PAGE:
ASIO steps up surveillance of activists

November 10, 2006

The October release of the Australian Security Intelligence Organisation's (ASIO) annual report reveals that it is concentrating in great detail on protest actions, even small ones.

While monitoring "politically motivated violence" is one of ASIO's jobs, something it uses to justify its extraordinary eavesdropping and surveillance powers, what is surprising is its application of this definition to small-sized protests. Also making interesting reading is the release of details of which protests it has covered.

"Protests spanning three days in connection with the Forbes Global CEO Conference in Sydney saw protestors push down security fences, force the closure of several ANZ Bank branches and engage in several confrontations with police", the report notes. In August 2005, Forbes Magazine editor-in-chief Steve Forbes hosted 350 of the most powerful CEOs in the world. Protests were held at the Sydney Opera House.

The report added that, "ASIO also worked with overseas liaison partners in connection with transnational trends in violent protest activity". This presumably is a reference to Britain's MI5 and Special Branch, and the US Federal Bureau of Investigations (FBI).

It is difficult to see how the Forbes protest, which police estimated involved 500 people, became a legitimate target for ASIO's extensive powers and resources.

The report failed to mention that no serious charges were laid against any of the protestors, who were kept some distance away from the Opera House by barbed wire and concrete "security" fencing. Neither did it mention that the serious violence was generated by the police.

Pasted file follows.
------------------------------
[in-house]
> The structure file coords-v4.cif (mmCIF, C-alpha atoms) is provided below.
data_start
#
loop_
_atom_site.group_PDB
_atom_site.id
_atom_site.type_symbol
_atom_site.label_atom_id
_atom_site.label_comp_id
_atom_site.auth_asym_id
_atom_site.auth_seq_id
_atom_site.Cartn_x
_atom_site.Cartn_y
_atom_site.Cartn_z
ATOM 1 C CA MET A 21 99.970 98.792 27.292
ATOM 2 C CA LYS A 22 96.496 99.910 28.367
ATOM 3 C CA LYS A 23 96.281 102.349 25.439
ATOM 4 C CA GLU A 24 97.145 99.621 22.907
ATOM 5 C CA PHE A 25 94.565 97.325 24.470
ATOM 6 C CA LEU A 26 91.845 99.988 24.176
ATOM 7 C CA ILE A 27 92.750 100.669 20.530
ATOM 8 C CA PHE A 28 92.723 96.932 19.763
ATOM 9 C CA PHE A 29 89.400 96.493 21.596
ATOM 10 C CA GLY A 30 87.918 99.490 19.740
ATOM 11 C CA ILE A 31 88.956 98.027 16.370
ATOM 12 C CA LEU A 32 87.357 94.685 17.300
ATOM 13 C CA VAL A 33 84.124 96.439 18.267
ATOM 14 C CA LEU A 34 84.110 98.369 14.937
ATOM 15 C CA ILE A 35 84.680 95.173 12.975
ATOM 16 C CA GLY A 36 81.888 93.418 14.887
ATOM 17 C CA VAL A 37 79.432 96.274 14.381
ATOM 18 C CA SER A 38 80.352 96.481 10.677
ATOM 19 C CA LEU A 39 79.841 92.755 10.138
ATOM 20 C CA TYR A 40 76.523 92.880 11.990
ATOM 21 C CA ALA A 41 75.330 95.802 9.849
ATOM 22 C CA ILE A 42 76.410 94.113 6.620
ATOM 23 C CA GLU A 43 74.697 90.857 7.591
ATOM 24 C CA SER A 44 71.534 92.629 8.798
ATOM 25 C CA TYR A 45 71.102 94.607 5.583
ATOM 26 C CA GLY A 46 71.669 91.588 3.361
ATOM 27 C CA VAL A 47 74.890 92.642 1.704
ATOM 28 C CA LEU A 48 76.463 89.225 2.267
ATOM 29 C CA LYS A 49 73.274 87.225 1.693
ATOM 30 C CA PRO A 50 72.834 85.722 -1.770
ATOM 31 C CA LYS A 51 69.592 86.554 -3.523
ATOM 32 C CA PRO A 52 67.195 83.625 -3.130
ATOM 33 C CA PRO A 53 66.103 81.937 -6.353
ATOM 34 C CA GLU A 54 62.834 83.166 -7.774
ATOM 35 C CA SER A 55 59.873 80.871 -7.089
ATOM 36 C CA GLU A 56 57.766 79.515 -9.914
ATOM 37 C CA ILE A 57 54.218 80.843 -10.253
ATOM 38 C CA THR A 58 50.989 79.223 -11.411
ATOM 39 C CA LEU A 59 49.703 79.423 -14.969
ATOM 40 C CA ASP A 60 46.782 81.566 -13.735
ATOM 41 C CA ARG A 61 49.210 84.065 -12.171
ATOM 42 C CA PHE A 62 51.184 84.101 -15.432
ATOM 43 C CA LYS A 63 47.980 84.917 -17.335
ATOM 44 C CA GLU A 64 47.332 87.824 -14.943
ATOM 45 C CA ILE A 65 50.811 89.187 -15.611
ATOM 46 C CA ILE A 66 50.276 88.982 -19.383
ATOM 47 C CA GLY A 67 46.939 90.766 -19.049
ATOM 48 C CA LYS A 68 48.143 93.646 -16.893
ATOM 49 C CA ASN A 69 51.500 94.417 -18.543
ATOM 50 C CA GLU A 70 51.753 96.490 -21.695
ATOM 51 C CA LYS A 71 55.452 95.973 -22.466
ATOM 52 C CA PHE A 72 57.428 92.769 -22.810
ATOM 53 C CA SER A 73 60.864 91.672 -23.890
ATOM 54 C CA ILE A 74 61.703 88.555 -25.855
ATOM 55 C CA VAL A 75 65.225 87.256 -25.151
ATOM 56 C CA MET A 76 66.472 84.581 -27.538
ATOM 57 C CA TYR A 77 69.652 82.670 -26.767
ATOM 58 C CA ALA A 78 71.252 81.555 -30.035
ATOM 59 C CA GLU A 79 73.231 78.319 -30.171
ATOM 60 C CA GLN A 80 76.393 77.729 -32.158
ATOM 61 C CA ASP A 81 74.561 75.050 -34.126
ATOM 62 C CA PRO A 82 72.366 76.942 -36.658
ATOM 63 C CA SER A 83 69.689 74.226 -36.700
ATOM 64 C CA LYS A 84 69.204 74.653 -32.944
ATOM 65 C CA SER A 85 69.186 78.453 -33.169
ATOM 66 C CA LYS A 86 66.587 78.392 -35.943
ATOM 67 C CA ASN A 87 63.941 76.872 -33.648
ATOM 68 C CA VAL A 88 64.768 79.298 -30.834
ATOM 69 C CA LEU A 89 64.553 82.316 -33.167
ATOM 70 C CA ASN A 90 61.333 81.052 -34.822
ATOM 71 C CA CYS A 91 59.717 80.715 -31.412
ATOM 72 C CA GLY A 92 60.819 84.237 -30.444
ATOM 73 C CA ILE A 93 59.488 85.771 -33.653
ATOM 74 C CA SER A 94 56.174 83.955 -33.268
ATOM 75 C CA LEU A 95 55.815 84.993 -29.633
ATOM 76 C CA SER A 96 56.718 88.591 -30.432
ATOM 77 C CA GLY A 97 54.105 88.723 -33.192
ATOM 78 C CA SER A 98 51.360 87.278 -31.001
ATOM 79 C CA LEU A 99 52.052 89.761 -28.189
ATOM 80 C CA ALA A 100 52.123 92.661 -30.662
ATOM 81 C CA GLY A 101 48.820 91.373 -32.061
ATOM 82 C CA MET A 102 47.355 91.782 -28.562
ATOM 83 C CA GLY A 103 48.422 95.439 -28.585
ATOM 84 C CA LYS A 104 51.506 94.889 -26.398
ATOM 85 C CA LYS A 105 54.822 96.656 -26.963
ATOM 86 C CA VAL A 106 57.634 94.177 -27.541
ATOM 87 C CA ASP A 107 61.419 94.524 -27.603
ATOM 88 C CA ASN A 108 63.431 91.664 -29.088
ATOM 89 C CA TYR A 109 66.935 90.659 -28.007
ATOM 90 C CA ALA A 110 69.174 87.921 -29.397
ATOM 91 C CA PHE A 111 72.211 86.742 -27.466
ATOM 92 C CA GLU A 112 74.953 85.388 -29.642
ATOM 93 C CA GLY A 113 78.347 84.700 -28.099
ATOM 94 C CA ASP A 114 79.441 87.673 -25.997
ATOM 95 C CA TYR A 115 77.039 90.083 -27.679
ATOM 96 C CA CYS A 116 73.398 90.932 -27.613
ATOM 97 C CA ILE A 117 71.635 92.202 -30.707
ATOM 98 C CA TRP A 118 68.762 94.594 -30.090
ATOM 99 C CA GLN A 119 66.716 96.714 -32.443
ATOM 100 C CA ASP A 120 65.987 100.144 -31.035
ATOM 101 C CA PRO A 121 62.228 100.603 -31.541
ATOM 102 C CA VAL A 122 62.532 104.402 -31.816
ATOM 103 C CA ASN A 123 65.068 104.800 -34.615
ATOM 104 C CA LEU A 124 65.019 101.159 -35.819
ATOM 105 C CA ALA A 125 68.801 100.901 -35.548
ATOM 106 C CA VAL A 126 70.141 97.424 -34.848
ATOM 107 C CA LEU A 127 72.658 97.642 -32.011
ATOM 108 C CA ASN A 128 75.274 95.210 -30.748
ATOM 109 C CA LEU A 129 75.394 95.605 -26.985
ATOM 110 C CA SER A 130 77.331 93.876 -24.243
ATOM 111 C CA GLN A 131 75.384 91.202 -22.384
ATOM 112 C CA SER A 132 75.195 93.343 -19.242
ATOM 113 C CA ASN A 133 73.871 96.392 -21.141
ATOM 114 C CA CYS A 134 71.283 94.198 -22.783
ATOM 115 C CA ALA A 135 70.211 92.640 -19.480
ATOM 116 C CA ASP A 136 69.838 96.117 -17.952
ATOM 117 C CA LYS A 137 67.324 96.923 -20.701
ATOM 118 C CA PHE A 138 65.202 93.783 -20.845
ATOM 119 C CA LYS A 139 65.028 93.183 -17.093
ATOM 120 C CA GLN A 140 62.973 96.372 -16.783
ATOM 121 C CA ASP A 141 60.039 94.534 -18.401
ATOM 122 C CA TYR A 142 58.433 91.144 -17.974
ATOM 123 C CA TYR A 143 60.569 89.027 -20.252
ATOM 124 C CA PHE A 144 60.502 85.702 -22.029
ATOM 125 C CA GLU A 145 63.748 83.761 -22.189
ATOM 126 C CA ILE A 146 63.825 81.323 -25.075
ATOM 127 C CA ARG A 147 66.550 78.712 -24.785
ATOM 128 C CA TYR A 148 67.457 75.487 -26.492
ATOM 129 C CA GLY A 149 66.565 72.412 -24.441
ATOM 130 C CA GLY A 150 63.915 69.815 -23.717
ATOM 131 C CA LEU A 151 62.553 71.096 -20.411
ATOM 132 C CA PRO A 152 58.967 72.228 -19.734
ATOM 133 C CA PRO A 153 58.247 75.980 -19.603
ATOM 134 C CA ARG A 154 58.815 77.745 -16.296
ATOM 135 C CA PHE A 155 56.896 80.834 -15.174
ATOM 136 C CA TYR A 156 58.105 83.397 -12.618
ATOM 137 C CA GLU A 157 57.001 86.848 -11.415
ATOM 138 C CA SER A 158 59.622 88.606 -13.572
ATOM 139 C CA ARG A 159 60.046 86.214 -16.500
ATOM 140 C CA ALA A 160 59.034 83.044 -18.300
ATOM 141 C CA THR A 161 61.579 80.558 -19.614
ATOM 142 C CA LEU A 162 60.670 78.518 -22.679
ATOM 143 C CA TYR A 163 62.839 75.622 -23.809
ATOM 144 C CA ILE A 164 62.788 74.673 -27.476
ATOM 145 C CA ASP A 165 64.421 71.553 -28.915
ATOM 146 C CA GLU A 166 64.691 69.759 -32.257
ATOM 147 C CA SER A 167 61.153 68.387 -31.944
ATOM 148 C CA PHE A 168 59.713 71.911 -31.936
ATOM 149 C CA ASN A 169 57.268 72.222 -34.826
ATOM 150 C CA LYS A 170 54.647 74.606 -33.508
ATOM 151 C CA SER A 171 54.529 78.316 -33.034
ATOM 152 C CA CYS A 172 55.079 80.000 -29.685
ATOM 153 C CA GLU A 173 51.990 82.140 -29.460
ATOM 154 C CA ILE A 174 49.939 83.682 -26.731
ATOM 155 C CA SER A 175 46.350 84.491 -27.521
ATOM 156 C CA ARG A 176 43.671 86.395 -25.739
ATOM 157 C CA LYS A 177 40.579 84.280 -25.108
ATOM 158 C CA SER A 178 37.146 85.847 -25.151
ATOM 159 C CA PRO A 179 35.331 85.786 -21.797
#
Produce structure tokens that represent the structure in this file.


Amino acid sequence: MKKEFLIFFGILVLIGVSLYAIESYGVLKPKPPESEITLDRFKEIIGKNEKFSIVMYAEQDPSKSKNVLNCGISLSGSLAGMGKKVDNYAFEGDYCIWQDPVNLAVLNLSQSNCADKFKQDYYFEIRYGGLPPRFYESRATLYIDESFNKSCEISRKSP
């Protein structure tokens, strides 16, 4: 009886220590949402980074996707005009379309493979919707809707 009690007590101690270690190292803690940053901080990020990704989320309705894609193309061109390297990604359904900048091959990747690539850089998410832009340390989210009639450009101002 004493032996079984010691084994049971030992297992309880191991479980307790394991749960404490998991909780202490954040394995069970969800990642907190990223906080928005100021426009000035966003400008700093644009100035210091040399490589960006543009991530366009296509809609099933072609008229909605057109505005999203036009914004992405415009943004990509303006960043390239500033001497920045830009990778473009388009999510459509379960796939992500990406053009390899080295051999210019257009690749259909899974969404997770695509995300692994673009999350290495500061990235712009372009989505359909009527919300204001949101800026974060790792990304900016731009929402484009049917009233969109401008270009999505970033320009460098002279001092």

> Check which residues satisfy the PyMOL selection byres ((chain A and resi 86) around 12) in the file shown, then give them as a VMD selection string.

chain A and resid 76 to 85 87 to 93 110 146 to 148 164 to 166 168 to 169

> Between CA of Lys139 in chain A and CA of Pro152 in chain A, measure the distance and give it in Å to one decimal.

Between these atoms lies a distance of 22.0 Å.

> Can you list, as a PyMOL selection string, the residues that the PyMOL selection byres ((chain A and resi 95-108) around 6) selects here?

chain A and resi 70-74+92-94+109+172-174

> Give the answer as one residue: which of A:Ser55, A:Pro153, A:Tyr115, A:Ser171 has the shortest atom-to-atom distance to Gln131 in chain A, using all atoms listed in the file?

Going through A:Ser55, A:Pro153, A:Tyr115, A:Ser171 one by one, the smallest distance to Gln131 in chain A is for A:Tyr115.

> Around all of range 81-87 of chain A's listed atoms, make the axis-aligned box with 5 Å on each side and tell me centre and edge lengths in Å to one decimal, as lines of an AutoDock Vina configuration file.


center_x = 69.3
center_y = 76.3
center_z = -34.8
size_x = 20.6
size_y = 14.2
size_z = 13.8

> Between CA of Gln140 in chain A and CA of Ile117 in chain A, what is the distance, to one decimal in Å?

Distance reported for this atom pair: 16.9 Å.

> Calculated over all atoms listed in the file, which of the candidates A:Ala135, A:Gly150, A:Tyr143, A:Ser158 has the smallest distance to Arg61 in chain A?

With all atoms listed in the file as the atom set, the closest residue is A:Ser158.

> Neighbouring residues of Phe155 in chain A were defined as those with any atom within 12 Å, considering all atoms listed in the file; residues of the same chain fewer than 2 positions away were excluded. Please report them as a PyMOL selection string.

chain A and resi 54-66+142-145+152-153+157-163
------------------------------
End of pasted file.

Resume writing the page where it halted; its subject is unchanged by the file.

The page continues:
Many of the charges first brought against protesters were later withdrawn because the police failed to provide the evidence. Other charges were withdrawn following representations to the effect that it would not be in the public interest for the prosecution to proceed. In one of these cases, the arrest of the accused was unlawful.

One small section of the fence was broken; police later conceded that the primary reason it had been pushed over was its weak construction. Consequently, police agreed to replace a serious charge with a minor one of damaging property.

All those who allegedly engaged in "politically motivated violence" were only convicted of minor offences and received either a 12-month good behaviour bond, or had their charges withdrawn because of a lack of evidence.

The report also failed to mention the huge number of assigned police. ABC reporter, Hamish Fitzimmons, reporting live from the Opera House said at one point that, "there's at least one policeman for every protester here". He later reported that, "We've just seen a charge by about a dozen or up to 20 mounted police into one section of the crowd". One protestor suffered a dislocated shoulder as a result, and was carried away by ambulance.

Other protests cited by the ASIO report included those at "Australian Defence Force recruitment stalls at universities in Queensland and Victoria" this year.

Meanwhile, Scott Parkin, the US protester who was deported from Australia last year following ASIO's negative security assessment which led to his visa being revoked, welcomed the Federal Court ruling on November 3 against the federal government's attempts to withhold documents relating to ASIO's assessment. Speaking from San Francisco, Parkin told ABC radio in Melbourne that he was "very happy that the judge, Justice Sundberg, handed this [decision] down ... it's helping give me an opportunity to clear my name."

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